The most recent International Day of Zero Tolerance to FGM marked 13 years of activism and campaigning to ensure that FGM/C remains on the global agenda. During this time, in Australia and internationally, there have been countless initiatives that, together, have laid a solid foundation for generational change. Much of what we know now has been the result of the tireless efforts of women advocates from communities where FGM/C is practiced, community organisations, policy makers, governments and legal institutions around the world. A truly collaborative affair.

While there is still much work to be done, especially in countries of migration like ours, the international evidence suggests that we are still in a good position to know what can work in helping to prevent the practice. Involving the whole community and fostering women’s leadership are both key markers of success and this includes acknowledging the huge amount of prevention work already being done, often quietly and modestly, within the communities where FGM/C exists.

Whether you call it ‘being on the same page’ or ‘singing off the same song sheet’, it takes a united stance to ensure that change does happen. The National Standards Framework for FGM/C-related Educational Resources is one such song sheet, highlighting the best resources currently available for community education. Many of the resources have been developed by and in collaboration with women and their communities, so we can confidently use them as a platform for change, without hitting too many wrong notes along the way.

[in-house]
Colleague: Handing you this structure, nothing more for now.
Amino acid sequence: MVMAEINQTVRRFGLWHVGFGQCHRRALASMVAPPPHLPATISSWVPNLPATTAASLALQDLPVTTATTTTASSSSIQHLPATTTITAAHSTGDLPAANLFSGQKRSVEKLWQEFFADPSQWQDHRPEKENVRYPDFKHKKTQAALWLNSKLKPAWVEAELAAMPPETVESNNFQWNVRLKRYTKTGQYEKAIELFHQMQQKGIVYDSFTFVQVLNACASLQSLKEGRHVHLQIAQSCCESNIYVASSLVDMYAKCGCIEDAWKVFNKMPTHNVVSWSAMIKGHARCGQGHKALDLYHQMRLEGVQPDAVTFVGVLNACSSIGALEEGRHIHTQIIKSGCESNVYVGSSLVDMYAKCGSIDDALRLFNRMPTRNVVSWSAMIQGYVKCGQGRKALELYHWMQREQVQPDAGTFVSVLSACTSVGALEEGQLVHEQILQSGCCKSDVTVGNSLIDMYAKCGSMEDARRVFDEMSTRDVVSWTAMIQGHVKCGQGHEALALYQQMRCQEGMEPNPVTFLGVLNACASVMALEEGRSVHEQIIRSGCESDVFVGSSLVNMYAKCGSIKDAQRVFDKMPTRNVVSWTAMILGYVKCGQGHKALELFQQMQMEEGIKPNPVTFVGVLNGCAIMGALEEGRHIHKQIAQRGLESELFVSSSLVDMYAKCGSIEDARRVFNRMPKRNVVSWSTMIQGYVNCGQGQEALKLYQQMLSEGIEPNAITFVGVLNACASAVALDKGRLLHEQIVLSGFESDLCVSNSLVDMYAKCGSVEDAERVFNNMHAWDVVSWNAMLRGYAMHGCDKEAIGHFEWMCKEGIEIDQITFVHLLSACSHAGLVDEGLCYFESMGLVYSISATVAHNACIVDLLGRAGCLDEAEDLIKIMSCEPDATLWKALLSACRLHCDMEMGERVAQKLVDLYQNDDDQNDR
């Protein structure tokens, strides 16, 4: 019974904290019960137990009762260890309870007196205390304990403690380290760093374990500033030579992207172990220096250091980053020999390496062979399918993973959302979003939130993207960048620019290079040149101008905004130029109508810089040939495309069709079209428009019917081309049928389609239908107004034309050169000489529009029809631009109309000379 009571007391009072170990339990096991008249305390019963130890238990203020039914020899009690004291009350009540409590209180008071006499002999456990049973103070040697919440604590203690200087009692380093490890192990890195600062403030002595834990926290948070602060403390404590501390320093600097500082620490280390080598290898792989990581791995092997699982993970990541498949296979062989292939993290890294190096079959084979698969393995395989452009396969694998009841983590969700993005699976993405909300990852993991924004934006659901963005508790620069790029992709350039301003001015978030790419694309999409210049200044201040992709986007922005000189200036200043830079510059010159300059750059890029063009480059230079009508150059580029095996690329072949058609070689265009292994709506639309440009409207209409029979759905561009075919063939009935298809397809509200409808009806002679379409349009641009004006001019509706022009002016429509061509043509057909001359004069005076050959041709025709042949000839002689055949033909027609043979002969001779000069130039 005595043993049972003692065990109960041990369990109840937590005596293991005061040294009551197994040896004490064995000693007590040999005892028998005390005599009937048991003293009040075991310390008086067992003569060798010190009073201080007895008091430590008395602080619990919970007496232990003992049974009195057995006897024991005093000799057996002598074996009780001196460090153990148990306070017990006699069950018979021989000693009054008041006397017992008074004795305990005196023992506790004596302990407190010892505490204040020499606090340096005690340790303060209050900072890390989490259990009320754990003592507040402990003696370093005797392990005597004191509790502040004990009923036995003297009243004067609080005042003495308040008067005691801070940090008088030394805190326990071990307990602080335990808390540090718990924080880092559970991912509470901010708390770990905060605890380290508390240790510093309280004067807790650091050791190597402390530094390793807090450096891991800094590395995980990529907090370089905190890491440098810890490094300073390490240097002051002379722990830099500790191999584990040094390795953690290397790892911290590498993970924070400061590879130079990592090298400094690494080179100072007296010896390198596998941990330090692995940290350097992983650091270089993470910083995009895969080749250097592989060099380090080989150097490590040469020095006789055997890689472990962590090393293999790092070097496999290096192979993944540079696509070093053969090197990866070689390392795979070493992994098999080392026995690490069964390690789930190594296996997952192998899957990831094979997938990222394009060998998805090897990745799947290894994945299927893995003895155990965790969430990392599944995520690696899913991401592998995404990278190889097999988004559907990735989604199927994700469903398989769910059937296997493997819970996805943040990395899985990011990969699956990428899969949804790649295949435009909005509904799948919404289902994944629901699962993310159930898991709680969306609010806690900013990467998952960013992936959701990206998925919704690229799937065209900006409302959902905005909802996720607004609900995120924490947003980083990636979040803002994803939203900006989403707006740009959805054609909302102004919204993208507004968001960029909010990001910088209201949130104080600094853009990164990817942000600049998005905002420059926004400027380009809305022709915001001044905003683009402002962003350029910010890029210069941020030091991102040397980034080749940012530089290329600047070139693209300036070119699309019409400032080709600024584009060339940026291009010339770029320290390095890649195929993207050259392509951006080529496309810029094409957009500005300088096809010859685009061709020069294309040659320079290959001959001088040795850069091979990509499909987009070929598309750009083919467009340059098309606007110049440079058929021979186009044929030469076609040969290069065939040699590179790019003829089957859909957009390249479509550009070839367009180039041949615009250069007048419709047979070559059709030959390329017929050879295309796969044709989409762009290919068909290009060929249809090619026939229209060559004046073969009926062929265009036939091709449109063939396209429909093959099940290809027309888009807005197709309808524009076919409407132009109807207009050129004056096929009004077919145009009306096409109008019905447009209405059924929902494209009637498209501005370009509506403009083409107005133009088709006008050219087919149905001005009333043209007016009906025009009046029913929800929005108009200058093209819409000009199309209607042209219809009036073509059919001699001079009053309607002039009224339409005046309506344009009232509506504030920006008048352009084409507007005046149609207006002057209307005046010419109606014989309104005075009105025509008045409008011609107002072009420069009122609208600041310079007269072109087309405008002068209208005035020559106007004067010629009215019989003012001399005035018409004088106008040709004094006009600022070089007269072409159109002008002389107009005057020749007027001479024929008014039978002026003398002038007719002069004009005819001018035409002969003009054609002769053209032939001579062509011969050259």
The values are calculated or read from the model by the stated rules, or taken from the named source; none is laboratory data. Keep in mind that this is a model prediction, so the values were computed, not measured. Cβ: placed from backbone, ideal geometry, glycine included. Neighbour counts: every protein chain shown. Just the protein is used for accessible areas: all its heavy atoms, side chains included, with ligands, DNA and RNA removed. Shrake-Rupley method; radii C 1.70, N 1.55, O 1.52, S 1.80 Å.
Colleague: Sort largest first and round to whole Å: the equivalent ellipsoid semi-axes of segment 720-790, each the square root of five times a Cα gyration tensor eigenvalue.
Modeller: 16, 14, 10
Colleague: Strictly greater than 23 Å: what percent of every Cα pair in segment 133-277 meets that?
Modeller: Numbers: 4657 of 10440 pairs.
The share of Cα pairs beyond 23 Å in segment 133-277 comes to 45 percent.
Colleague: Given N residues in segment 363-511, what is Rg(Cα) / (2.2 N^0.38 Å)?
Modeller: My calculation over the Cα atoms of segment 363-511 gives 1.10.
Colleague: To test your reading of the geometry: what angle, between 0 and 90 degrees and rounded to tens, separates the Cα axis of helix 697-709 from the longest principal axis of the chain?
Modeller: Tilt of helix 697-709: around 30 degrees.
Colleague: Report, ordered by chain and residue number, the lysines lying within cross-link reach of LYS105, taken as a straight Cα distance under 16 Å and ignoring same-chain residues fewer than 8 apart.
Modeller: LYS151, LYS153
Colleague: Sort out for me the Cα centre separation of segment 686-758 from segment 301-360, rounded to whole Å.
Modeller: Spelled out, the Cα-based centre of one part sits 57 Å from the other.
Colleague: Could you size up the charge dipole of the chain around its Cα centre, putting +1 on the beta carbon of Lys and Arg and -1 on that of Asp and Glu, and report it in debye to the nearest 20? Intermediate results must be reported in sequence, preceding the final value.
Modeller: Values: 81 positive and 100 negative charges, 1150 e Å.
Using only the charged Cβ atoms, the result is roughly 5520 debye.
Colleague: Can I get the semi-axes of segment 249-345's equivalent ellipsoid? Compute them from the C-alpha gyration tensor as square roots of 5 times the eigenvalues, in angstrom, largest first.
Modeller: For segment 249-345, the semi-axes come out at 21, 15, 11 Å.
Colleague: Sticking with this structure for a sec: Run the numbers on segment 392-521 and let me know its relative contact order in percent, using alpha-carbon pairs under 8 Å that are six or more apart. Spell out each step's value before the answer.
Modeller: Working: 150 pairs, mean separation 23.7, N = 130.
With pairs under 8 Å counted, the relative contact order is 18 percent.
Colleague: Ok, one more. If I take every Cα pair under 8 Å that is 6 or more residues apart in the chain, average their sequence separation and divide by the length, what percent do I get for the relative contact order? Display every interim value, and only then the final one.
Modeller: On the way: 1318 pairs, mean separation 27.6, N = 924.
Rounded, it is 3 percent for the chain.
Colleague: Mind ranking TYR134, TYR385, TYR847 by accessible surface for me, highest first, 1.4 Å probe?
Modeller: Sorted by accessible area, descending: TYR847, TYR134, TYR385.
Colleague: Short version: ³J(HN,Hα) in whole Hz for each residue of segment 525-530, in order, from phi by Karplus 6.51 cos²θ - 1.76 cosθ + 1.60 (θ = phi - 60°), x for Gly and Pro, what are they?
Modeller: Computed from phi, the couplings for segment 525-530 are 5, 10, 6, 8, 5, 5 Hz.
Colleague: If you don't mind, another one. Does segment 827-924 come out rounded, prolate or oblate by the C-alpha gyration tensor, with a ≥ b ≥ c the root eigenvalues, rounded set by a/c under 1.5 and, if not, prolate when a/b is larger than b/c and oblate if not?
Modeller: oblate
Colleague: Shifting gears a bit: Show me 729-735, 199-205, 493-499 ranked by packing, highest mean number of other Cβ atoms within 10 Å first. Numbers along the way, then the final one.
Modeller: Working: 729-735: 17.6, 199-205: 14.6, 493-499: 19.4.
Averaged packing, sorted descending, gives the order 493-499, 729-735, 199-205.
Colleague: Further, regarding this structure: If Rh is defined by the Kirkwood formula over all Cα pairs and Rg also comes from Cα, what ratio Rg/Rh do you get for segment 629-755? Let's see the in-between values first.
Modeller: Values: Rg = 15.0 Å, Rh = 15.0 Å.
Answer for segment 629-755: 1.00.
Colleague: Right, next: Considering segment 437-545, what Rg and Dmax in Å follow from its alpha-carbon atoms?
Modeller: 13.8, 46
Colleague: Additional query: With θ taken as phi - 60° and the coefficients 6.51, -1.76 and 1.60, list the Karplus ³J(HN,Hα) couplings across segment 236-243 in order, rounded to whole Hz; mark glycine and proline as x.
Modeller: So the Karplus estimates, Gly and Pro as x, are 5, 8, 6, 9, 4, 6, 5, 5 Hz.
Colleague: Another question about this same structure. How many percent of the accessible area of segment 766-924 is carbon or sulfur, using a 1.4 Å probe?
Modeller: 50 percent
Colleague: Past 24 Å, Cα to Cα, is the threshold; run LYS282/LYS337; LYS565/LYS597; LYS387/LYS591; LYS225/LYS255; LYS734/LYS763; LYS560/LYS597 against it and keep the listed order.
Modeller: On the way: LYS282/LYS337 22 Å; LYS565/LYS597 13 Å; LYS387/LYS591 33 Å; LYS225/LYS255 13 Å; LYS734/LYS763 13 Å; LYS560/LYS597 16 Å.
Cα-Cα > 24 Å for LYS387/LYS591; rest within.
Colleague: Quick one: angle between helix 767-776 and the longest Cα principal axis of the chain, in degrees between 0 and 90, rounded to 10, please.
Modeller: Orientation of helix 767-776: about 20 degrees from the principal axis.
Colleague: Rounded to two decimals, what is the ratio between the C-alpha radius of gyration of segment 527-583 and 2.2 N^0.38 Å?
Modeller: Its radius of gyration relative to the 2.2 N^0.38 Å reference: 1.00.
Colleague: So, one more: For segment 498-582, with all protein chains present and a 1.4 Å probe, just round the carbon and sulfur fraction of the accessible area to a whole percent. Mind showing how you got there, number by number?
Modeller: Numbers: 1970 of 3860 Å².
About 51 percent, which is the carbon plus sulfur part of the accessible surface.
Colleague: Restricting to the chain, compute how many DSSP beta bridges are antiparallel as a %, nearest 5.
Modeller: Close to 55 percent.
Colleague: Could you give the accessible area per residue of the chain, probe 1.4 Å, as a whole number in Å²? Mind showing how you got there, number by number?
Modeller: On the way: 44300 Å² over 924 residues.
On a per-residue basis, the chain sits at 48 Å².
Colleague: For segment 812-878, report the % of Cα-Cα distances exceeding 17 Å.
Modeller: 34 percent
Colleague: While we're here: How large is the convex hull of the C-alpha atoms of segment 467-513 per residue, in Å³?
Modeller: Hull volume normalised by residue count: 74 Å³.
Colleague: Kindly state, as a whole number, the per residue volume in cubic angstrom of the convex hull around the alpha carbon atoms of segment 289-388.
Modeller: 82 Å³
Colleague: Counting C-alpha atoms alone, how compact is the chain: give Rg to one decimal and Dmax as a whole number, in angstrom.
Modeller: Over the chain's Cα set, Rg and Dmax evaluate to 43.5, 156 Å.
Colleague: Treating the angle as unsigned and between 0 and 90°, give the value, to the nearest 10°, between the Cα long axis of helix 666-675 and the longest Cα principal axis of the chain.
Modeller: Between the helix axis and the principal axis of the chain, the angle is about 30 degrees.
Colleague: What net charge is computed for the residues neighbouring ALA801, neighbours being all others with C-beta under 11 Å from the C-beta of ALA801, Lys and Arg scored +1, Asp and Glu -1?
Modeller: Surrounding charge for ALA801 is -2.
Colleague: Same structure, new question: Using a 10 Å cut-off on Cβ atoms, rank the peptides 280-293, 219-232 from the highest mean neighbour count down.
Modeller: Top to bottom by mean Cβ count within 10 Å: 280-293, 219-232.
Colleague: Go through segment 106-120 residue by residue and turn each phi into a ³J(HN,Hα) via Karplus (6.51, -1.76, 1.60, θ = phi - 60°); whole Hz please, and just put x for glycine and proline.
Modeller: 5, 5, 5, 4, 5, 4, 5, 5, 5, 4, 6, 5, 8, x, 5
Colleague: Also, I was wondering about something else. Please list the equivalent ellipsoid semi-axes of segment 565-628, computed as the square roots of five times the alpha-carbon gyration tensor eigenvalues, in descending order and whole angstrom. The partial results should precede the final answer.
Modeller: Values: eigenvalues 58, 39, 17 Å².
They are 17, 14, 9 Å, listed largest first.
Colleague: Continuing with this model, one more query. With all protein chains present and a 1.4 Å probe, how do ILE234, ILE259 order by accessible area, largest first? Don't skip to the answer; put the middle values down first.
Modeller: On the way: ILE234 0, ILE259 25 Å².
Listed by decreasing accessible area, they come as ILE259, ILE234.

60 seconds with Monique Hameed


Australian Indigenous Studies Tutor and MCWH Project Officer

What are you enjoying doing at the moment?
Working at the MCWH! Also I’ve been enjoying my work with the Undercurrent Community Education Project doing workshops around sex and consent in the western suburbs of Melbourne. It’s great getting to meet young men and women and talk to them about their lives.

What is the best thing that happened to you today?
I ran into my friend on my way to work and she shared some of her amazing breakfast with me.

What talent would you most like to possess?
Invisibility. The possibilities seem endless!

What is the best part of your day?
Through my role at MCWH I will have the opportunity to meet with young woman and hear about their experiences of being same-sex attracted woman from migrant or refugee backgrounds. I’m excited to meet and be inspired by these young women.

What do you most value in your friends?
Their ability to make me laugh! It doesn’t matter how bad my mood is they can always make me smile!

What’s the biggest challenge you’ve faced as a woman from an immigrant or refugee background?